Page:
We are so glad Ella took the opportunity to show her work at La Rondine Gallery. We love seeing young artists take the leap of commitment and faith to their art and Ella has taken it with arms out wide.
May 23, 2013 § 1 Comment
This is Art week in Hong Kong. It is huge and it is really wonderful. There is so much good art out there and I am happy to say, the La Rondine exhibition stands up to all of it, albeit a small show, in the confines of Gallery ZZHK in Wa Lane.
Monday night rocked off with a great exhibition of paintings and sculptures by Shi Jindian in Hollywood Rd at Angela Li Contemporary Gallery. Shi Jindian is a lovely shy artist whose work probably reflects well his introverted nature. With exquisite attention to detail he twists stainless steel wire around bicycles and a motor bike, before extracting them and leaving their outer wire shape. Hanging on the wall is the remnants of an old door that he wired up and then burnt, the remains of charcoal trapped in the outer wire frame. While I appreciated the work and craftsmanship of his sculptures, I was probably more taken with his paintings that were similar to his wire work through painstakingly etched biro into paint revealing beautiful abstract forms. The works were subtle and haunting.
Tuesday night held the openings of the big galleries, the Gagosian, White Cube, Ben Brown, Hanart, and Pearl Lam. We loved the Basquiat exhibition at Gagosian. How lucky are we to see it. There were huge crowds making their way up to the seventh floor exhibition in Pedder Building, but there was no alcohol so people didn’t stay to hang in their groups talking with their backs to the artwork and therefore obscuring the vision. A clever move, because truly this was worth seeing. Basquiat is such an explorative artist. The passion and volatility of his work, scratched and scribbled and stuck and slapped on any debris or available matter, made the work excitingly free, connected to the moment, unconcerned with outcome and anyone’s opinion. Sad he died, a bit of a Jimmy Hendrix, lost in the alienation of drugs and fame, yet so much more to give – or does everything become a rehash – how many artists can re-invent themselves, once they’ve ‘made it’.
Ben Brown had two artists showing. Sculptural landscapes by Swiss artist, Vital, and portraits by Frank Auerbach. It was a good show. The sculptural landscapes are marble images found in China. We often see these little marble images in the antique markets, as this is a recognized Chinese art form, the appreciation of a found piece of marble or stone that reflects the landscape. They are like beautiful little pen and ink washes and Vital mounted his finds on the wall in strong plaster sculpted reliefs. The Frank Auerbach portraits are great. They are rich in texture and honesty, and he is an artist who deserves to be recognized for his unrelenting dedication to his art and love for the human condition. The paint is tough and dirty and the portraits are essential rather than revealing.
We also went to Hanart on the 4th Level of Pedder Building and saw the installation paintings by Qiu Zhijie. They were a lovely exploration of Chinese landscape manifested in a contemporary context along with maps, historical and geographical.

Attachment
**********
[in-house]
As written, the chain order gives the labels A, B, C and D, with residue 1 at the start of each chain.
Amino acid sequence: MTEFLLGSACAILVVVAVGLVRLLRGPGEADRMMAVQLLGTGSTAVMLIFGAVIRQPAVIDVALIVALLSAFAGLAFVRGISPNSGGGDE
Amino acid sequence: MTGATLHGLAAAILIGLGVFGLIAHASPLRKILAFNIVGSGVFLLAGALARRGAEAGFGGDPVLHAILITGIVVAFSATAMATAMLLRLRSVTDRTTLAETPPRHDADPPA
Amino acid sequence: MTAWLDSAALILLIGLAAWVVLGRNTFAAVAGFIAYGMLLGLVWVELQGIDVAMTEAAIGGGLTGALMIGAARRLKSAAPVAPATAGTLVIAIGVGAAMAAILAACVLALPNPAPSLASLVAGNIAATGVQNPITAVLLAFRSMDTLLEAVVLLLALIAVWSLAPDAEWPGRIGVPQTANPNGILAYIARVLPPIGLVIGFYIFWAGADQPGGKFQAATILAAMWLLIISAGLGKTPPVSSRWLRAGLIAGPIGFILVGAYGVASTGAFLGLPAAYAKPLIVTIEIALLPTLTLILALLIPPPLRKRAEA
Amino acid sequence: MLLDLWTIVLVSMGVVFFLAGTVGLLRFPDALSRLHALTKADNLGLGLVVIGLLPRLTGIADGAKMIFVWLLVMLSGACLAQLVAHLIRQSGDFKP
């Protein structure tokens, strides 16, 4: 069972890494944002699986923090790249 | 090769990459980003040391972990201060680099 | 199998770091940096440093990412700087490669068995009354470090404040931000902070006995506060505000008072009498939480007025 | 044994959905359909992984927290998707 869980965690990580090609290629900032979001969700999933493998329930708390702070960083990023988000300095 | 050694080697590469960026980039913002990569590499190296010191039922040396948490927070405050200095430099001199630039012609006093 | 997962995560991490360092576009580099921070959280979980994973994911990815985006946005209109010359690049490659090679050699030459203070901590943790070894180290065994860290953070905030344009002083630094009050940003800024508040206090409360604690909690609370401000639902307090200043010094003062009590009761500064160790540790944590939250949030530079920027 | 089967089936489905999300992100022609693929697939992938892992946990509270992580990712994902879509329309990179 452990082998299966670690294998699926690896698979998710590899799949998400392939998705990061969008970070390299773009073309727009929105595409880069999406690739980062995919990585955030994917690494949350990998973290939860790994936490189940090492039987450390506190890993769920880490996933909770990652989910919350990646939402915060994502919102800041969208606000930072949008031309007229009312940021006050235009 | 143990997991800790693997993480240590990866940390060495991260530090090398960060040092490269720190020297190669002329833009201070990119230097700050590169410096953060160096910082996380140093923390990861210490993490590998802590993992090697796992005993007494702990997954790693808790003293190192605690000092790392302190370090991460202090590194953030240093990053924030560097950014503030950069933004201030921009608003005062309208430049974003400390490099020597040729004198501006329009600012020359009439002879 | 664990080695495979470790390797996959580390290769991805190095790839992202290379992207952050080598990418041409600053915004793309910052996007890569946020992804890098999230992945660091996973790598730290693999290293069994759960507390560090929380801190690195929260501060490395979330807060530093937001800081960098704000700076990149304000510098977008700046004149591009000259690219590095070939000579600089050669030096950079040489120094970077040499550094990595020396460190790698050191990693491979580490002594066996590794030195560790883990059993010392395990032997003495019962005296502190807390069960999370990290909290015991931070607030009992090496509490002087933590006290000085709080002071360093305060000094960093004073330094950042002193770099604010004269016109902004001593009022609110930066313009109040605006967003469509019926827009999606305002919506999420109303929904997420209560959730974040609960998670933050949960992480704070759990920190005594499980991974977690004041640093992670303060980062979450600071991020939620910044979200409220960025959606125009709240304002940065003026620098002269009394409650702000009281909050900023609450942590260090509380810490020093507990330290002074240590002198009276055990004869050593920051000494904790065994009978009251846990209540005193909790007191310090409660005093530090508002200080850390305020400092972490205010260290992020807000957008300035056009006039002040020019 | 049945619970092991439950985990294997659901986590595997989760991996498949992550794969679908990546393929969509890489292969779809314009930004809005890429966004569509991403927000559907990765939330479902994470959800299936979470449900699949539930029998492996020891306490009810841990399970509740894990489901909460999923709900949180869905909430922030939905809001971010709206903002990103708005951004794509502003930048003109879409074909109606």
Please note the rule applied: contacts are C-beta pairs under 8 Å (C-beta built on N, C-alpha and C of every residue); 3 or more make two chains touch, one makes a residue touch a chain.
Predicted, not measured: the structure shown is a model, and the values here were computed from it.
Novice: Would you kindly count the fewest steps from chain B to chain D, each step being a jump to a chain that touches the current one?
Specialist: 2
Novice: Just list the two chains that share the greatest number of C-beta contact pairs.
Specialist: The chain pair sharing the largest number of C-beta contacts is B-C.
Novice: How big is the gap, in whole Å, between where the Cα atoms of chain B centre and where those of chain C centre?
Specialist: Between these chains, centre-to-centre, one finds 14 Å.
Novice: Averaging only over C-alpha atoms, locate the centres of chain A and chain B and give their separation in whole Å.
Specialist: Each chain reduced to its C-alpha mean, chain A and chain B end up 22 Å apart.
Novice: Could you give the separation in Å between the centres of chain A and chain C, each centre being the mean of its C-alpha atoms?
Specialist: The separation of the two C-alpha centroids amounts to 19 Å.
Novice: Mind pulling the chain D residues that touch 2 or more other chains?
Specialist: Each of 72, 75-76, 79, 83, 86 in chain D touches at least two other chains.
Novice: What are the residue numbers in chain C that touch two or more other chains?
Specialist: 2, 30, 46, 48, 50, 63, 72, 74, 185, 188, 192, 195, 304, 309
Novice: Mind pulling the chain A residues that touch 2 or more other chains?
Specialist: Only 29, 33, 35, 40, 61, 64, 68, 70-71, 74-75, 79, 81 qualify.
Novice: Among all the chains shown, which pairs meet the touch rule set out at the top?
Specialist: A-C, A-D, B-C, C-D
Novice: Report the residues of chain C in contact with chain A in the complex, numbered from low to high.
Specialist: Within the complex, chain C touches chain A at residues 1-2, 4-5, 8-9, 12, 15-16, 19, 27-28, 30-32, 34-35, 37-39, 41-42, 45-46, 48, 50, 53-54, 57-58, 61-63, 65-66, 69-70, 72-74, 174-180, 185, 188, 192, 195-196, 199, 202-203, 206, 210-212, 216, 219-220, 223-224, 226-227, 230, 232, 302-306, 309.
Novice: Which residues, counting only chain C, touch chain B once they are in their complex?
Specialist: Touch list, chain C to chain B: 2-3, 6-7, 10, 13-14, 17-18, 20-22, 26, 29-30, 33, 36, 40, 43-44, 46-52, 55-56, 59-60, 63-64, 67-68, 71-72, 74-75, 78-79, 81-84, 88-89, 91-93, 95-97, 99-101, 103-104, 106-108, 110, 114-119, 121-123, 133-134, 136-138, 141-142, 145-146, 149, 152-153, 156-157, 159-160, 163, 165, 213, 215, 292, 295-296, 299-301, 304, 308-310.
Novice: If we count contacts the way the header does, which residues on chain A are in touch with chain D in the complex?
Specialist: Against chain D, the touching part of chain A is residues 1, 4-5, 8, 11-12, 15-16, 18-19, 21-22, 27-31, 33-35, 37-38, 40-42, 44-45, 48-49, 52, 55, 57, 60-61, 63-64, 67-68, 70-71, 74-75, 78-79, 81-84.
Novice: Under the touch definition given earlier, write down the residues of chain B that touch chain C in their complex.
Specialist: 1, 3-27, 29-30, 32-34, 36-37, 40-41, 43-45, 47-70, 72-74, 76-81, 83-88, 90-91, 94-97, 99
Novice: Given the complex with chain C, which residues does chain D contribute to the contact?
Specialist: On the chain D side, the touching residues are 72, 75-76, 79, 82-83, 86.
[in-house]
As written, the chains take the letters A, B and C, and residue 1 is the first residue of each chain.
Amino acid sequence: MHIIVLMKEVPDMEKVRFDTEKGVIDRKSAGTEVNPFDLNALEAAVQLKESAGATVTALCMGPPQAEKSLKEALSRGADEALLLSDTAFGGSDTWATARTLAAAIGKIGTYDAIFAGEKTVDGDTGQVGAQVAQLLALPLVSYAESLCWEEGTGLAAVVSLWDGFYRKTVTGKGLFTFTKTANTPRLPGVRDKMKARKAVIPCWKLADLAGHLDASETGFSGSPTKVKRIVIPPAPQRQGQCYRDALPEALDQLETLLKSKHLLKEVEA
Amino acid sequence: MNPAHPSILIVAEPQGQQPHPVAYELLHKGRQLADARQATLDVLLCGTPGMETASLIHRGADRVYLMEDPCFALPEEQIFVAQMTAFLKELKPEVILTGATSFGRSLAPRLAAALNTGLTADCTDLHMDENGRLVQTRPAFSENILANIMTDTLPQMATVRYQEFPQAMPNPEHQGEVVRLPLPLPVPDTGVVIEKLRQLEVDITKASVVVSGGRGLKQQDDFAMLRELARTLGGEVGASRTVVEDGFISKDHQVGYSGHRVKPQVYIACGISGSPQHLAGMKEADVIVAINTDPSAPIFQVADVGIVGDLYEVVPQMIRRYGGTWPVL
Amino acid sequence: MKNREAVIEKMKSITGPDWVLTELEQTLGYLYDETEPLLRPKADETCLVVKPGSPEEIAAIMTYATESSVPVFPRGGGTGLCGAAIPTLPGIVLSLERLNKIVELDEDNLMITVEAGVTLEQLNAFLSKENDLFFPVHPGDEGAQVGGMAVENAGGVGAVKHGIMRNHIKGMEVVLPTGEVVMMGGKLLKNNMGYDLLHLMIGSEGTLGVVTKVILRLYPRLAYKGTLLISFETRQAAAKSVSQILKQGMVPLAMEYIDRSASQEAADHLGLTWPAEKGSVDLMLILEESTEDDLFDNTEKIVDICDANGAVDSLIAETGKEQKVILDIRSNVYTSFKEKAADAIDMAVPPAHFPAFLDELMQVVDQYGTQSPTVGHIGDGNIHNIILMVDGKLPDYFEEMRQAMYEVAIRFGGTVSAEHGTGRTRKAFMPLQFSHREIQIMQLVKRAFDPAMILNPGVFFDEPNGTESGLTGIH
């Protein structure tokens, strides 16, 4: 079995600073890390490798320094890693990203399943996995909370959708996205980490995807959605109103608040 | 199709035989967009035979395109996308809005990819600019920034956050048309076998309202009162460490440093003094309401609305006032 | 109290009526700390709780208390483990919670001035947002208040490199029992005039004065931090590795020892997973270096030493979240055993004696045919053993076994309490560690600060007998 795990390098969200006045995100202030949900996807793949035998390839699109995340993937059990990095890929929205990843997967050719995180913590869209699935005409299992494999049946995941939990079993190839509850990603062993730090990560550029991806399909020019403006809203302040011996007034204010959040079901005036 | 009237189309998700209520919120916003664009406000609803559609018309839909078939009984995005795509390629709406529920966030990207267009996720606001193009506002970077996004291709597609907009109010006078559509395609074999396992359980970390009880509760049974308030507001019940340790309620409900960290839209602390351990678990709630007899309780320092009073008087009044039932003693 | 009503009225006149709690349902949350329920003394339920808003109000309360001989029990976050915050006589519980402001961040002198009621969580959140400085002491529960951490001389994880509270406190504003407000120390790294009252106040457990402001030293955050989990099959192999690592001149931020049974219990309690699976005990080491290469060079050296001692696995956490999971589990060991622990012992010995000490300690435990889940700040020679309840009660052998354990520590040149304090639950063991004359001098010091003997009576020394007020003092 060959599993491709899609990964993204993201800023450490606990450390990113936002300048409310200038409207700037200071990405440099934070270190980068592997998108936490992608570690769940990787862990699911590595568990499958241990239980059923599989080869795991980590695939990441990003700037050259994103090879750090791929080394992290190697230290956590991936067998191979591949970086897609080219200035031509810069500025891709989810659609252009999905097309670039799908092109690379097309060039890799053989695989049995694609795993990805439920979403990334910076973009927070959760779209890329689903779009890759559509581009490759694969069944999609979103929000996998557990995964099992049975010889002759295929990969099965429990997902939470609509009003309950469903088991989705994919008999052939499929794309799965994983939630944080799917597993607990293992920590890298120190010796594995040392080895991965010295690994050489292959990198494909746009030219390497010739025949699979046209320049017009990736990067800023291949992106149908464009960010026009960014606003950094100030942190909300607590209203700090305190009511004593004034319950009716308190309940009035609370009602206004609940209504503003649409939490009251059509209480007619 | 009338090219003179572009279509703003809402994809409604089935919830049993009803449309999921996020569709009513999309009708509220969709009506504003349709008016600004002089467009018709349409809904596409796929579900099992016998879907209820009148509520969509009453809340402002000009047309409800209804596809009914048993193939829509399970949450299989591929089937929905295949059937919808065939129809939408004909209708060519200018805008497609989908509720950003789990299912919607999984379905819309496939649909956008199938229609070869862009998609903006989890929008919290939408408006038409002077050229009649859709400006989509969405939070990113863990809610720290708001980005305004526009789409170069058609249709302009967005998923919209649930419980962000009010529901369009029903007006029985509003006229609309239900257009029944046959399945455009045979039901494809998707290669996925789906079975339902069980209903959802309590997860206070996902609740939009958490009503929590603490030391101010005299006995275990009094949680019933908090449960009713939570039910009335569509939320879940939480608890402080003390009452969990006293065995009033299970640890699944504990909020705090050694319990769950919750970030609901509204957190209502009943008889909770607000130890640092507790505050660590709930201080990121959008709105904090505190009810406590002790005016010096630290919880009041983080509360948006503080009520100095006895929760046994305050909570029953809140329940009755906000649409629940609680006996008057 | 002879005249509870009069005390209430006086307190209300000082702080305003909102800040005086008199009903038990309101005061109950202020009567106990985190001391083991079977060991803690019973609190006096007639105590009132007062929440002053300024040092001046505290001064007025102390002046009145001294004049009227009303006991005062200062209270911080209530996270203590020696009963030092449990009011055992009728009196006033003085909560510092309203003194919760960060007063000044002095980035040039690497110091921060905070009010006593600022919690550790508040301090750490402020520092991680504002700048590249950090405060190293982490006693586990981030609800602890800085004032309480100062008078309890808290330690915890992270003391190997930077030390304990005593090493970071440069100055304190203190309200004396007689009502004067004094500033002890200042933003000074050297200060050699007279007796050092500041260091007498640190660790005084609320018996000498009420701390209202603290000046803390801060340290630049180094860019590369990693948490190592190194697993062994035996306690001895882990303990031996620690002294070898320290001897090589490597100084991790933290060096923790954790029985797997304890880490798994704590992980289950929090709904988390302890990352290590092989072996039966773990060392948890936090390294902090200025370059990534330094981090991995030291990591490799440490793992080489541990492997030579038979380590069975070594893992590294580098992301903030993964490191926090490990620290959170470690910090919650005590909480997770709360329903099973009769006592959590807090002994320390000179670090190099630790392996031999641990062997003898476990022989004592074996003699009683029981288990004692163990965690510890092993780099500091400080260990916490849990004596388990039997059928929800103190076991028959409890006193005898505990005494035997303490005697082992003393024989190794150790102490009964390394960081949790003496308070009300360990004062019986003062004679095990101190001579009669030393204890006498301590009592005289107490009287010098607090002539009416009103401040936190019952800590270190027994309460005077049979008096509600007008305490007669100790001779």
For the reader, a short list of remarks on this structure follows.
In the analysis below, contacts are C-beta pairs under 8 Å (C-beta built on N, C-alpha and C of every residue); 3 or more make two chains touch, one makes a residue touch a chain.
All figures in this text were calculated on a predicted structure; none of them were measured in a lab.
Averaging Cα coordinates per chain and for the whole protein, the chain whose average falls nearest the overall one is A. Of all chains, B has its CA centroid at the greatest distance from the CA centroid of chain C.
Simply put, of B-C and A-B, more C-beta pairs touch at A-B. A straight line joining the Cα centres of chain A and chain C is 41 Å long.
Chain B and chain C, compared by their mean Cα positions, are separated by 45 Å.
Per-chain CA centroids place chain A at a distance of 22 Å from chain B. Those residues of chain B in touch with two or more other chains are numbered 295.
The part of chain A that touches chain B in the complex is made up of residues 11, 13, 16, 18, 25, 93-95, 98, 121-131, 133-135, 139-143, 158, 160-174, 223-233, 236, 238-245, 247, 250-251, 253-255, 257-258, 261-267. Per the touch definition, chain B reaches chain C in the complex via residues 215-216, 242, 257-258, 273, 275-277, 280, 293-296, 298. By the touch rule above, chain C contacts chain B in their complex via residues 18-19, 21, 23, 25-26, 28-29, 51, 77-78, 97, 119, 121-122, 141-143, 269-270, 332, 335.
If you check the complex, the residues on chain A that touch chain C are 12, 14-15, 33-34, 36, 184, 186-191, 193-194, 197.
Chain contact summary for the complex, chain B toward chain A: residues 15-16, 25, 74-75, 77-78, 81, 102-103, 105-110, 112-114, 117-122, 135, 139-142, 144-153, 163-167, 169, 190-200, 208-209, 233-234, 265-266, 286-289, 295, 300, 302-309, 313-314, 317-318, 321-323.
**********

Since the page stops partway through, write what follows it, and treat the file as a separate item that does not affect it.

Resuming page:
I am afraid we didn’t get off much on Pearl Lam’s exhibition of ‘The Reality of Paint’ by Zhu Jinshi. Big slabs of thick textural colour paint on canvas. It felt contrived and without love for itself. hmmm. But it is a beautiful space and we have seen some great shows here.
In the meantime, we are sitting in our exhibition and we meet a spaniard who collects African art and Chinese ceramics. A quietly passionate man, after an hour perusing our work, proclaimed our exhibition as the best he had seen in HK. He said with sincerity that we were all ‘real’ artists not concerned with gimickry and slickness, but all of us were truly expressing our truths and he felt deeply moved by the show. He thanked us for giving so much. Lovely!! I wonder sometimes why any artist who chooses such a hard road in life would compromise their work to be ‘untrue’, to be fashionable, to care what anyone thinks, when what the world truly values is the artist’s freedom to create – and they pay a lot for it as seen in the Basel Art Fair in HK this year….
May 16, 2013 § 3 Comments
I am sitting in the corner looking over a beautiful exhibition of art work by the La Rondine artists in ZZHK Gallery in Hong Kong. We have secured this lovely space over an incredibly busy period in the art month of Hong Kong. Art Basel is next week and so are a number of subsidiary art fairs, all vying for attention, to say nothing of the many galleries, all with their openings every night of the week and even mornings of next week.
Our openings, (we had two, one was a special collector’s evening and the other was an open celebration), were in the lull before the storm. How lucky are we to have had such great attendance. Sandra Walters, art consultant and art dealer, hosted the collectors evening on Monday night. We were sponsored by Absolut vodka so Marc Danays, a master mixologist and partner to one of our artists, Sarah Danays, created the beautiful La Rondine cocktail, using vodka, lychee liqueur, curacao, guava juice, lemon juice and basil – yummo, it was much appreciated on a very warm evening.